When it really became clear that citizen journalists were playing an important role in political coverage, in coverage of stories of communities across the United States, both for good and for bad. We also realized that the same issues raised and discussed in the La Raza magazine and publication during the 1960s and 70s were still relevant today. The issues that were talked about in those articles included lack of safe housing, lack of people who spoke Spanish in public spaces, particularly in hospitals, and in government services, offices, income inequality, police brutality, gender abuse, women, women’s rights.
So all of those things where we’re coming up. The Vietnam War, of course, was also very prominent, but for the most part, when people came through the exhibition, one thing they kept saying to us was, gosh, we haven’t solved anything halfway. And so what we wanted to do with the citizen journalism project, was create a project that celebrated the contributions of the La Raza editors, writers, photographers, and illustrators, show the continuing need for the citizen journalism represented in the publication, and also engage with new communities and new partners in new ways.
So we reached out to schools, friends, and community organizations, such as Las Fotos Project, and right girl, you see their logos here, we also spent time just reaching out to senior citizen homes and that sort of thing. And we worked with each group to create an assignment for each participant. And the assignment was to serve as a citizen journalist for your community for one month. And so we had people start doing this in January of 2017.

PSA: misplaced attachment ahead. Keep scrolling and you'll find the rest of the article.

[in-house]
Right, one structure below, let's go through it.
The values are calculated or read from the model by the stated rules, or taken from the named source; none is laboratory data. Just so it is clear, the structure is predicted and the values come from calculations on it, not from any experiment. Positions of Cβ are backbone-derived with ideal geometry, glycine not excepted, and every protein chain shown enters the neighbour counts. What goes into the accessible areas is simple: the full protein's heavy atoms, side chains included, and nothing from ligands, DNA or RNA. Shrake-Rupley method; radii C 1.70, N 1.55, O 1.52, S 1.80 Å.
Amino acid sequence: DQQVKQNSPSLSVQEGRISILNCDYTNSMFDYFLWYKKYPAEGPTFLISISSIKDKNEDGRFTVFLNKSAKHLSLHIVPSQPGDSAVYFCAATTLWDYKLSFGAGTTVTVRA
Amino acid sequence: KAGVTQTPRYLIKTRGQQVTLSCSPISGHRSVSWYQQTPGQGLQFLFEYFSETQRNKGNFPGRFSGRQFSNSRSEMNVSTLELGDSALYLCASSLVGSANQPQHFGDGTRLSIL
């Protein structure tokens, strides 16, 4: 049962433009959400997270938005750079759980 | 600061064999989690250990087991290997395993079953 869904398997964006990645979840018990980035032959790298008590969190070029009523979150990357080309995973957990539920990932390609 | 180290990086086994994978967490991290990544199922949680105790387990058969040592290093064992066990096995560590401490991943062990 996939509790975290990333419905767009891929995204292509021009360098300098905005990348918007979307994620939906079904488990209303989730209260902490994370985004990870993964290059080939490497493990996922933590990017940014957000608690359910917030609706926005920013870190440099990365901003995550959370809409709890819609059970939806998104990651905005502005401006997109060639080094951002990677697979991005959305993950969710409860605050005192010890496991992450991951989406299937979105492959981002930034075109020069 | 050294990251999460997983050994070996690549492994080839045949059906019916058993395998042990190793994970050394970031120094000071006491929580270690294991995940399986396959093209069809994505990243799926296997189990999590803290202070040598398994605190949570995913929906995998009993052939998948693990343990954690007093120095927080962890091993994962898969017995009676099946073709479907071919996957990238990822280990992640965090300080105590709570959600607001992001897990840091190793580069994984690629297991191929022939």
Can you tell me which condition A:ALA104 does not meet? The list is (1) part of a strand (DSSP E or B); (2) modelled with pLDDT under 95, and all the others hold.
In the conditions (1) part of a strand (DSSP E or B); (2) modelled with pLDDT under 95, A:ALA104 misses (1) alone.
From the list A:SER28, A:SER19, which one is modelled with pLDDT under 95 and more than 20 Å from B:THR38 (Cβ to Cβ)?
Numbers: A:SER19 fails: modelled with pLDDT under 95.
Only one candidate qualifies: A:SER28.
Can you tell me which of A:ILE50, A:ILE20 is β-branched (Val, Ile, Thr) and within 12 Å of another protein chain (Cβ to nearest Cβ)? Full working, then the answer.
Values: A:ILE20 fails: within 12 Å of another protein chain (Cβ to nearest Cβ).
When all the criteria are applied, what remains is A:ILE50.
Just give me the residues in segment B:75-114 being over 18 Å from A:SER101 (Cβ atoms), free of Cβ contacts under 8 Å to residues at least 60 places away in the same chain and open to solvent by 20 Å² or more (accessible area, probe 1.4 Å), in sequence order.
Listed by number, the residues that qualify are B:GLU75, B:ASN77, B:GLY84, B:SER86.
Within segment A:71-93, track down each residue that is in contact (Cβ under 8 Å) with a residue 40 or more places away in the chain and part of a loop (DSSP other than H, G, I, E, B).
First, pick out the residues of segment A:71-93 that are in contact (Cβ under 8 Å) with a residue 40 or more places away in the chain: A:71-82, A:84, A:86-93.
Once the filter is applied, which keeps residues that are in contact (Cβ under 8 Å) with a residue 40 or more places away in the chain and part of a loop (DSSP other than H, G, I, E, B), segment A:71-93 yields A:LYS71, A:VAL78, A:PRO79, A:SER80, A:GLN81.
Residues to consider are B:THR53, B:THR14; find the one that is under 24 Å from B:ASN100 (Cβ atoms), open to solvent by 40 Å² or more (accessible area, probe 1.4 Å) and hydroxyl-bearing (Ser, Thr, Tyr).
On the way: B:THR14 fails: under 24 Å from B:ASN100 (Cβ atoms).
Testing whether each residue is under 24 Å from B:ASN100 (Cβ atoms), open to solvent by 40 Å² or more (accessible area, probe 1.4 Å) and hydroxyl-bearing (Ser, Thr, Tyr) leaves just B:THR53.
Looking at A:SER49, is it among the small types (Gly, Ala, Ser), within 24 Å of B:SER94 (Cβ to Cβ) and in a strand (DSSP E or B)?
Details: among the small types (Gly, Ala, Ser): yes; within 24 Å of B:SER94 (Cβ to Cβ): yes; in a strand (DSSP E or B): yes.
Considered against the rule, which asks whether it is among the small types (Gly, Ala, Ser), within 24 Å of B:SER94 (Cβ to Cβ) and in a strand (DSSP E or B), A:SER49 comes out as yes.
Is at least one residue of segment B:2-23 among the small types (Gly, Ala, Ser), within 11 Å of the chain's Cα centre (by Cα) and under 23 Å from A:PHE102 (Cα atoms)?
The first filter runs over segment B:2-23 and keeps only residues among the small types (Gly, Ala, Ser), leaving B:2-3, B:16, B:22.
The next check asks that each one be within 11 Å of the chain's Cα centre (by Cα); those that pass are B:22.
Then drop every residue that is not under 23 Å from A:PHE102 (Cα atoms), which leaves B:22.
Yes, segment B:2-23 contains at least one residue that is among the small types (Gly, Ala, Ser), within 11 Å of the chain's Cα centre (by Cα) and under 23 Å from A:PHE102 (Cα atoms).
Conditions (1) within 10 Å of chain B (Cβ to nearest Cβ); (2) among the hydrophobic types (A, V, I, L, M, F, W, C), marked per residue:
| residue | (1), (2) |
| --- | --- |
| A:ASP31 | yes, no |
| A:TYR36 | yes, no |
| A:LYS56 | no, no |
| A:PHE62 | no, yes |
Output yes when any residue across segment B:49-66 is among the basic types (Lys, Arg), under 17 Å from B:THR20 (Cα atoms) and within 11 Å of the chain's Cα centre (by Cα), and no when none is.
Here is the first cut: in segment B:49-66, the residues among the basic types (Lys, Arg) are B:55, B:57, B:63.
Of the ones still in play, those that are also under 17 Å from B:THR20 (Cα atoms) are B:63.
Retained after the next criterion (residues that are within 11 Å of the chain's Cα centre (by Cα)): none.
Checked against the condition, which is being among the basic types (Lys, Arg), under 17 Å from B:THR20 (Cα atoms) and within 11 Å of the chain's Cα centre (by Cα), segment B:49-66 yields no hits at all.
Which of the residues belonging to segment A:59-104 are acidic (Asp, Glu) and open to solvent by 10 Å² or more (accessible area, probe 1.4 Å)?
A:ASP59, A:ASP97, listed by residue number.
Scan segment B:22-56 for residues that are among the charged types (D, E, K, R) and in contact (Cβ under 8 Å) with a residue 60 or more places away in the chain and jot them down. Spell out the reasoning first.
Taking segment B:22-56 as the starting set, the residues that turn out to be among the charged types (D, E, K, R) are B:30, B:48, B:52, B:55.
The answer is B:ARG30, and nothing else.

That before we even gave this assignment to folks, we spent time several sit downs with each group classroom with each organization, each person who was interested, we talked about the history of citizen journalism in this country and talking about the need for ongoing citizen journalism. And one memory I have in particular is sitting down with a group of fifth graders, 10 and 11 year olds, students talking about citizen journalism and having them ask in January of 2017, but aren’t citizen journalists responsible for the election of Donald Trump until we had to begin grappling with this question of fake news and science and trusting your sources and things like that.
And so through these conversations, we’re really building communities of citizen journalists throughout Los Angeles County. We left it up to each participant to to define their own community. For some, community was their home, their synagogue, their neighborhood, their classroom, their basketball team, their swimming team, their group of friends, etc, etc. And then we left it open to each participant to decide the medium through which they wanted to share the news of their community.
And so some used photography, some wrote poetry, some wrote essays, some set of sketches, it really was quite a variety of material. And so I just wanted to show you just a couple of photographs from the first issue, the first volume, the first issue. And again, the timing was really interesting, because people were given this assignment to do beginning in January ‘17. And in fact, we had the kickoff event the day after Donald Trump’s inauguration.
And so a lot of people were really wanting to share their perspectives on things like immigration, on things like women’s rights, on income inequality, on all of that. And one thing that we kept hearing from all the participants, but particularly the really young children, we had people from as young as nine to 89 years old participating.
16:03 - What we heard from children and their parents was that no one really ever asks children their perspective on things in mainstream media in the news, we’re always asking adults what they think. But we never really asked children what they think.